T lymphocytes were separated from the bronchial mucus of five patients with extrinsic asthma and chronic mild bronchitis and who had numerous eosinophils in the bronchial mucus but no significant blood eosinophilia. The bronchial lymphocytes spontaneously, that is without treatment with antigens or mitogens, released into serum-free synthetic medium one or more substances in the molecular weight range of 30 000 to 60 000 daltons. These substances when tested on eosinophils of normal persons stimulated random movement (chemokinesis), attracted them (chemotaxis), enhanced their chemotactic response to activated complement, and increased the expression of C4 and C3b receptors. Chemokinetic and chemotactic activity for neutropils was weak. No eosinophil-stimulating activity was found in cultures of bronchial lymphocytes treated with puromycin to inhibit synthesis. The blood lymphocytes did not spontaneously synthesize the substance(s).
It is not known if the several eosinophil-stimulating activities are due to one or more substance(s), but the nature of the eosinophil responses, molecular weight and other features, indicate similarities with the ‘eosinophil stimulation promoter-chemotactic’ factor reported to be released from mouse or human lymphocytes treated with antigen.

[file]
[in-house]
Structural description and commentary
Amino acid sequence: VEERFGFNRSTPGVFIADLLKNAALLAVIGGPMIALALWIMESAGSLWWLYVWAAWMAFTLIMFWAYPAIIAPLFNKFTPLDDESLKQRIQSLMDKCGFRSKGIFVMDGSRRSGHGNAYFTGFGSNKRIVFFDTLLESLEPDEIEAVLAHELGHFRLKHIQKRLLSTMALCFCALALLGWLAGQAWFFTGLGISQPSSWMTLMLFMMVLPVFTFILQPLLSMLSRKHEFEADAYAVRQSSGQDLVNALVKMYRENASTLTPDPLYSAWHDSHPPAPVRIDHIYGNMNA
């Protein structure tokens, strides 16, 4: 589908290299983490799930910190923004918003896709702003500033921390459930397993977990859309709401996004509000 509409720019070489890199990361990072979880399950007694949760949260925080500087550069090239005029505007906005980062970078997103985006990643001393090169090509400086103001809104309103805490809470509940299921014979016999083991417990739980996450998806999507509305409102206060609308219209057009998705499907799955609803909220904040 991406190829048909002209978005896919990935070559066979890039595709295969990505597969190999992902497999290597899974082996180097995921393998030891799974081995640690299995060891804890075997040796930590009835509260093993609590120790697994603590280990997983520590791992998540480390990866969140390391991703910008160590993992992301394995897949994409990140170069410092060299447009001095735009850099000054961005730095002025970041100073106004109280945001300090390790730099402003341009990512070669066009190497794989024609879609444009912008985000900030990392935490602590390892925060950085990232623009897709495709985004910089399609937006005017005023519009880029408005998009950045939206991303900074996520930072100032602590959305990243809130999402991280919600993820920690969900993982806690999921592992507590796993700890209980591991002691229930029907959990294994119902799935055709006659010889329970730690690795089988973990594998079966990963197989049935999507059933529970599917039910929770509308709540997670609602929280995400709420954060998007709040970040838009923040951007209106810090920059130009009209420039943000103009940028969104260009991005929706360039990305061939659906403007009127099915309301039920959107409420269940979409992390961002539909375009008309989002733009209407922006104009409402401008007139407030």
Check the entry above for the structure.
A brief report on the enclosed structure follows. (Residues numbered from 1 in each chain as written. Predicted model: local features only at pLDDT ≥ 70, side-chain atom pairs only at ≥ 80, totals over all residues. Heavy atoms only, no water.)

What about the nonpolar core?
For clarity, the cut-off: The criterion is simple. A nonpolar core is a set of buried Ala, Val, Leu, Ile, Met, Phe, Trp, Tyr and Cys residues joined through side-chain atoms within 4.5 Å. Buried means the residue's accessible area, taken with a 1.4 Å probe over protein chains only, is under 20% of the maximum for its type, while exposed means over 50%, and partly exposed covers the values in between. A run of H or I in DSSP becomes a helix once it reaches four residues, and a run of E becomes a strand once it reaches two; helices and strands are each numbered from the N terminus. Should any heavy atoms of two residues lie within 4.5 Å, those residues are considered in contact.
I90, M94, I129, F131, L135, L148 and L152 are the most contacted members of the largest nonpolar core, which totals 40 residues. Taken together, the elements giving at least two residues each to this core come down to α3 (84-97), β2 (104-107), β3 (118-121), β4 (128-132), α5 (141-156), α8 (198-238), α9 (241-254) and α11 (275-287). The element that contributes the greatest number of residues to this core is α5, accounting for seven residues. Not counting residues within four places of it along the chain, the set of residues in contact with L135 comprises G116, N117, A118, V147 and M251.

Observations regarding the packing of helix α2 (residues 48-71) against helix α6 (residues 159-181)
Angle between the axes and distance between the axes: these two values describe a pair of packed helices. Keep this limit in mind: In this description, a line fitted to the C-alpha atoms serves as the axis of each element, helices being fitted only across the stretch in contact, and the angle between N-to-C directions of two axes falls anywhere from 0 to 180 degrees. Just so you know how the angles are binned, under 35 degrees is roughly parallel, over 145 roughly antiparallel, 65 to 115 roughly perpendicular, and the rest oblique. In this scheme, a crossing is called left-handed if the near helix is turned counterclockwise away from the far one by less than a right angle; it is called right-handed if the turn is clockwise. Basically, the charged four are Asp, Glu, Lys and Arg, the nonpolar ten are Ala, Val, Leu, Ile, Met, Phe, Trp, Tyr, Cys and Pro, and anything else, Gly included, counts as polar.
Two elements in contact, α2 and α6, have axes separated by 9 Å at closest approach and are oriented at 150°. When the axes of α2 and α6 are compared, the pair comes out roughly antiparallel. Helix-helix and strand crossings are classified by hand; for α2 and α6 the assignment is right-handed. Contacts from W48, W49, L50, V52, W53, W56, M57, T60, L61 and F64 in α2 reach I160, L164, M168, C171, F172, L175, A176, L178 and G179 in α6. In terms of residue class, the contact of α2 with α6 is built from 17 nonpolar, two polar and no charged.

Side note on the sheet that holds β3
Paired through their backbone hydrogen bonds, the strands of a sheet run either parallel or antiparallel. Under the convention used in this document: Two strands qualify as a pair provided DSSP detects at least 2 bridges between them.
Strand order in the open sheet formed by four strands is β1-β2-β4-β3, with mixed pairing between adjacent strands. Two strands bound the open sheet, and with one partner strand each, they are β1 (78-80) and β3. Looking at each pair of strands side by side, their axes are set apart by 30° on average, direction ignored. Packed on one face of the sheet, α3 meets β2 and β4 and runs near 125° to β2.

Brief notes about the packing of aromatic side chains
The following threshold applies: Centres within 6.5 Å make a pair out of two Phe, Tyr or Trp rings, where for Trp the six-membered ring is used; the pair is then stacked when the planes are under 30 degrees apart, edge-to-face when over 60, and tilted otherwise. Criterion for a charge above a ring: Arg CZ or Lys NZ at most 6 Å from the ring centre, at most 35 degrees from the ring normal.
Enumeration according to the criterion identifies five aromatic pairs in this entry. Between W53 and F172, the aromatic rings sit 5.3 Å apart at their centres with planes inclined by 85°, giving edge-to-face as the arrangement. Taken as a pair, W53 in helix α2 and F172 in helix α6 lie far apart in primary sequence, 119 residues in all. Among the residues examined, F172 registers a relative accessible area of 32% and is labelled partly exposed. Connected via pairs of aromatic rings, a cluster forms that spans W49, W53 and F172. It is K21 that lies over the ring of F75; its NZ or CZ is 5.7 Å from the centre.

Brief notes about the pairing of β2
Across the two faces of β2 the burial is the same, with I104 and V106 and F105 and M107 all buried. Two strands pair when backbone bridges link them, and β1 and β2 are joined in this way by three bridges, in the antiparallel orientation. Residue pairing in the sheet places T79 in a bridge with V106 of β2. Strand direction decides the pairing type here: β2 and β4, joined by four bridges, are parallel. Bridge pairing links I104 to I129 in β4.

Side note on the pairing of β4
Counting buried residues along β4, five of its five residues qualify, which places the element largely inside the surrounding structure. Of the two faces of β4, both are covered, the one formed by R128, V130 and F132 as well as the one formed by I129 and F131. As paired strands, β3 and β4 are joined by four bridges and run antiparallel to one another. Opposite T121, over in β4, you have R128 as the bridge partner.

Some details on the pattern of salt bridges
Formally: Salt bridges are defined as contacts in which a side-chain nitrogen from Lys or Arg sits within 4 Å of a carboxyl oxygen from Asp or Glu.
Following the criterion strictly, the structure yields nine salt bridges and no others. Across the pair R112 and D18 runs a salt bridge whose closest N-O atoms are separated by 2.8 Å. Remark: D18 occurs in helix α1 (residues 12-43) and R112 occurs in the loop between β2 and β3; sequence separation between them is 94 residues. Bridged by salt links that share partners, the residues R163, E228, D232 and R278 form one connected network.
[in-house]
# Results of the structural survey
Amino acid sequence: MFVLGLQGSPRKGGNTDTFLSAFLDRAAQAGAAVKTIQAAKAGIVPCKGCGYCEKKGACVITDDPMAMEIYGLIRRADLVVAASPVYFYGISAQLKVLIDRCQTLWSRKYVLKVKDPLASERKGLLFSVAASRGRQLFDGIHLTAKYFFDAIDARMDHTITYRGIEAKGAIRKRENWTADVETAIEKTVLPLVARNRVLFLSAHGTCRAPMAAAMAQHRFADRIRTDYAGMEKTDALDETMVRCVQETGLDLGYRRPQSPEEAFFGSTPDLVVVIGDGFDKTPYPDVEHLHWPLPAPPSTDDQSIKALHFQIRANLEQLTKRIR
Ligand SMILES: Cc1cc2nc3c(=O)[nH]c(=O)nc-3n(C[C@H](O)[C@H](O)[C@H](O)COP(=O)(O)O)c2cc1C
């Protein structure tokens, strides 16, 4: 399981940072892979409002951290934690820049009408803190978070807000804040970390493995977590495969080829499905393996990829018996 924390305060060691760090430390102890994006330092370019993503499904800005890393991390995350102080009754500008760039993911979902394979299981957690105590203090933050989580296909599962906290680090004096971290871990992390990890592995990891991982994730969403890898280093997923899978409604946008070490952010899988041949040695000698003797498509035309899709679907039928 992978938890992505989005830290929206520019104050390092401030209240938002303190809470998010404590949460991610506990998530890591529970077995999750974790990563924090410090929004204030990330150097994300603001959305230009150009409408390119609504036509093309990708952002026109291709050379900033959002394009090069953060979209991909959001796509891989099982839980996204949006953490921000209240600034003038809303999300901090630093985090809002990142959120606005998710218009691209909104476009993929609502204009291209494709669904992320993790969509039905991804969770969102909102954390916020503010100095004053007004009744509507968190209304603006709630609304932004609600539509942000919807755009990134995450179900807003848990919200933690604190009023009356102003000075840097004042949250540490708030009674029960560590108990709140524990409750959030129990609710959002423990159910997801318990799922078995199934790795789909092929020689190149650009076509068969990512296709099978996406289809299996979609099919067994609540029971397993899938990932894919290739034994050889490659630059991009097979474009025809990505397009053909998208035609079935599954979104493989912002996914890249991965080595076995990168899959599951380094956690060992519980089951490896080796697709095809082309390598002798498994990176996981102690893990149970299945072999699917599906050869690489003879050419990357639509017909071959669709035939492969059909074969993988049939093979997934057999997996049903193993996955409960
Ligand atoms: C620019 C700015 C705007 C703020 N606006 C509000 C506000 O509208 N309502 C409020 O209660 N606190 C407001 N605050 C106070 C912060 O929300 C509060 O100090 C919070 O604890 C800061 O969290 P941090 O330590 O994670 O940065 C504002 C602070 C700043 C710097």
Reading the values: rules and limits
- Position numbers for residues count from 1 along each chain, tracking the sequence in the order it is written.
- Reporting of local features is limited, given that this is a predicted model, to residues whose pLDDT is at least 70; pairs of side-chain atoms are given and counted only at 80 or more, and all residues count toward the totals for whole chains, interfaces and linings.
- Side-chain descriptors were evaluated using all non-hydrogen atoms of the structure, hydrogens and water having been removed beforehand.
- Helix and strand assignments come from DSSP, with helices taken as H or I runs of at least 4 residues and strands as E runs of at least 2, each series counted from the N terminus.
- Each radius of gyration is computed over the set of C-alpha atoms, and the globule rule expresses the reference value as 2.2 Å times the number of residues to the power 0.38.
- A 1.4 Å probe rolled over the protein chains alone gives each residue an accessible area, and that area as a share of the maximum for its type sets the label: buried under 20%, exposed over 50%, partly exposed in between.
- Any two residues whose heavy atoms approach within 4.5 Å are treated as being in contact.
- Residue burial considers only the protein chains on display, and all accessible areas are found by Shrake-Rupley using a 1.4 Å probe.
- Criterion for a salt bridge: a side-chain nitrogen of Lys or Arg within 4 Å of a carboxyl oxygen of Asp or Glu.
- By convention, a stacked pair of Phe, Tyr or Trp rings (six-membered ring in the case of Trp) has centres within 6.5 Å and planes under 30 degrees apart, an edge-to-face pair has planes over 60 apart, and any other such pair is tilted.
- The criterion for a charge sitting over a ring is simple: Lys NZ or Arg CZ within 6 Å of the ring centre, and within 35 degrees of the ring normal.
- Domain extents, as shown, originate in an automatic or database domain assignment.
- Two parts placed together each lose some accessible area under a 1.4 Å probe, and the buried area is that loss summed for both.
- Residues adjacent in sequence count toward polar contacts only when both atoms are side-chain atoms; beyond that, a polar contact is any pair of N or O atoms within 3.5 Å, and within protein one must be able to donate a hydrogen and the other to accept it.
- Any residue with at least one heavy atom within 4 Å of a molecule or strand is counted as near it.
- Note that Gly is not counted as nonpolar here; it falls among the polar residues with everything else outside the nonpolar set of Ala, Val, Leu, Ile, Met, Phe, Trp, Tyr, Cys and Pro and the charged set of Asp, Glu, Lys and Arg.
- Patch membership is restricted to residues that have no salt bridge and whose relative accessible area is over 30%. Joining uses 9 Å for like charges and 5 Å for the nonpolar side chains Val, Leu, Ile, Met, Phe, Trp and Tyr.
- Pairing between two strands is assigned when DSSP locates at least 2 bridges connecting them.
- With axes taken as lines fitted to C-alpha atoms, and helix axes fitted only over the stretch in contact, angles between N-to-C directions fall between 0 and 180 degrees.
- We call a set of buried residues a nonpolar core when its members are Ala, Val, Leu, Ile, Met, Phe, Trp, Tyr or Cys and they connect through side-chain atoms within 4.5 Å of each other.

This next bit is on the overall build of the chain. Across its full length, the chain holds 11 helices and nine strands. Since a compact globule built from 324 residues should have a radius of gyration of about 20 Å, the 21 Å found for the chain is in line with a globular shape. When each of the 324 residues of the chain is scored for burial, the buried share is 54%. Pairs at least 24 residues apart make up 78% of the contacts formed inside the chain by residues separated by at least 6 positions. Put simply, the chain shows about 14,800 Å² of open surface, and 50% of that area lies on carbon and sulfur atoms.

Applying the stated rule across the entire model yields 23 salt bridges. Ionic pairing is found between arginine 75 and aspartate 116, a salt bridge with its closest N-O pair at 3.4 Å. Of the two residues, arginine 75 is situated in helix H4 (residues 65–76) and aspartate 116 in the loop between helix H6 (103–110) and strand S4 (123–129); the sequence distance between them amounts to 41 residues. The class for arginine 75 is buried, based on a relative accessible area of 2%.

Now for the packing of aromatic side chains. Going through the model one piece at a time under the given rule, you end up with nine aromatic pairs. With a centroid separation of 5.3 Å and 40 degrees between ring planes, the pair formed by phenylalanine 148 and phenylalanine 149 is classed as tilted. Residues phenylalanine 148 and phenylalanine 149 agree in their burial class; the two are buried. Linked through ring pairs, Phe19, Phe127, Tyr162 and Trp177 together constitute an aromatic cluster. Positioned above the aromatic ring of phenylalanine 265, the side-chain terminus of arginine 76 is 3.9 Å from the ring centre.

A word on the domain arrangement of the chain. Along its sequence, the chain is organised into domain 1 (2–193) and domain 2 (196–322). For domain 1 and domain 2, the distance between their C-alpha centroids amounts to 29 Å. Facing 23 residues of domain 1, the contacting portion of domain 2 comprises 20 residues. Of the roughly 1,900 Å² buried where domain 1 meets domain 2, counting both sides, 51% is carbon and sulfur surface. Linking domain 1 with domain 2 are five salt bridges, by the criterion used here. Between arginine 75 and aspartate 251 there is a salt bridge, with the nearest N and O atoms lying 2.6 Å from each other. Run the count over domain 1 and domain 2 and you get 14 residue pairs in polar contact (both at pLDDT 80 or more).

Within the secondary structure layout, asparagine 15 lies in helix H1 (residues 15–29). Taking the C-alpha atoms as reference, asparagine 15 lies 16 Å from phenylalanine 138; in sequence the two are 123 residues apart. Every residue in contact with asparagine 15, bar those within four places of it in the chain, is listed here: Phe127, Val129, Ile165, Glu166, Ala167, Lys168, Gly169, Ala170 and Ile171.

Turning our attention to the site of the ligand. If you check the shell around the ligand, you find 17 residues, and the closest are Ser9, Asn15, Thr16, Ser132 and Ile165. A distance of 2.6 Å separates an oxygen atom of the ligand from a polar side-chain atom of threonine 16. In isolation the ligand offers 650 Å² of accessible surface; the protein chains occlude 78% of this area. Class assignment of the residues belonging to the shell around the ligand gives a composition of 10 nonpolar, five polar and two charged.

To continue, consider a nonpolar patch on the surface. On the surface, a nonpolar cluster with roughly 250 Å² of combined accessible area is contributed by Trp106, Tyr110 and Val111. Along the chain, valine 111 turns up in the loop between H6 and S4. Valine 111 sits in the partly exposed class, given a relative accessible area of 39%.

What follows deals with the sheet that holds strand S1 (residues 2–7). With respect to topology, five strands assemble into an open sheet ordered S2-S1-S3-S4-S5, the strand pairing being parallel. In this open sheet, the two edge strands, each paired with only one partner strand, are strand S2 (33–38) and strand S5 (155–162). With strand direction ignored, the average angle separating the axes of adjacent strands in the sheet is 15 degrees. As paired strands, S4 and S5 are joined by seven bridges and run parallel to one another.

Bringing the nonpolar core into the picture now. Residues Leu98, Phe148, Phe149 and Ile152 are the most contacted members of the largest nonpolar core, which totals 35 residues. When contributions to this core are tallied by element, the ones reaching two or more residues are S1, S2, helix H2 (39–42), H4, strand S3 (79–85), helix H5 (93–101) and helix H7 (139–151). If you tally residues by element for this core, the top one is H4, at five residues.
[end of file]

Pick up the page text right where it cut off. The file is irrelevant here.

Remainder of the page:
Eosinophil stimulation resulting in increased expression of specific receptors, and potential for non-specific adherence, by trapping or arresting randomly migrating cells, is believed to mediate accumulation of cells in an affected organ. Prolonged synthesis of such products, as from activated lymphocytes in the lung, could account for much of the local eosinophilia.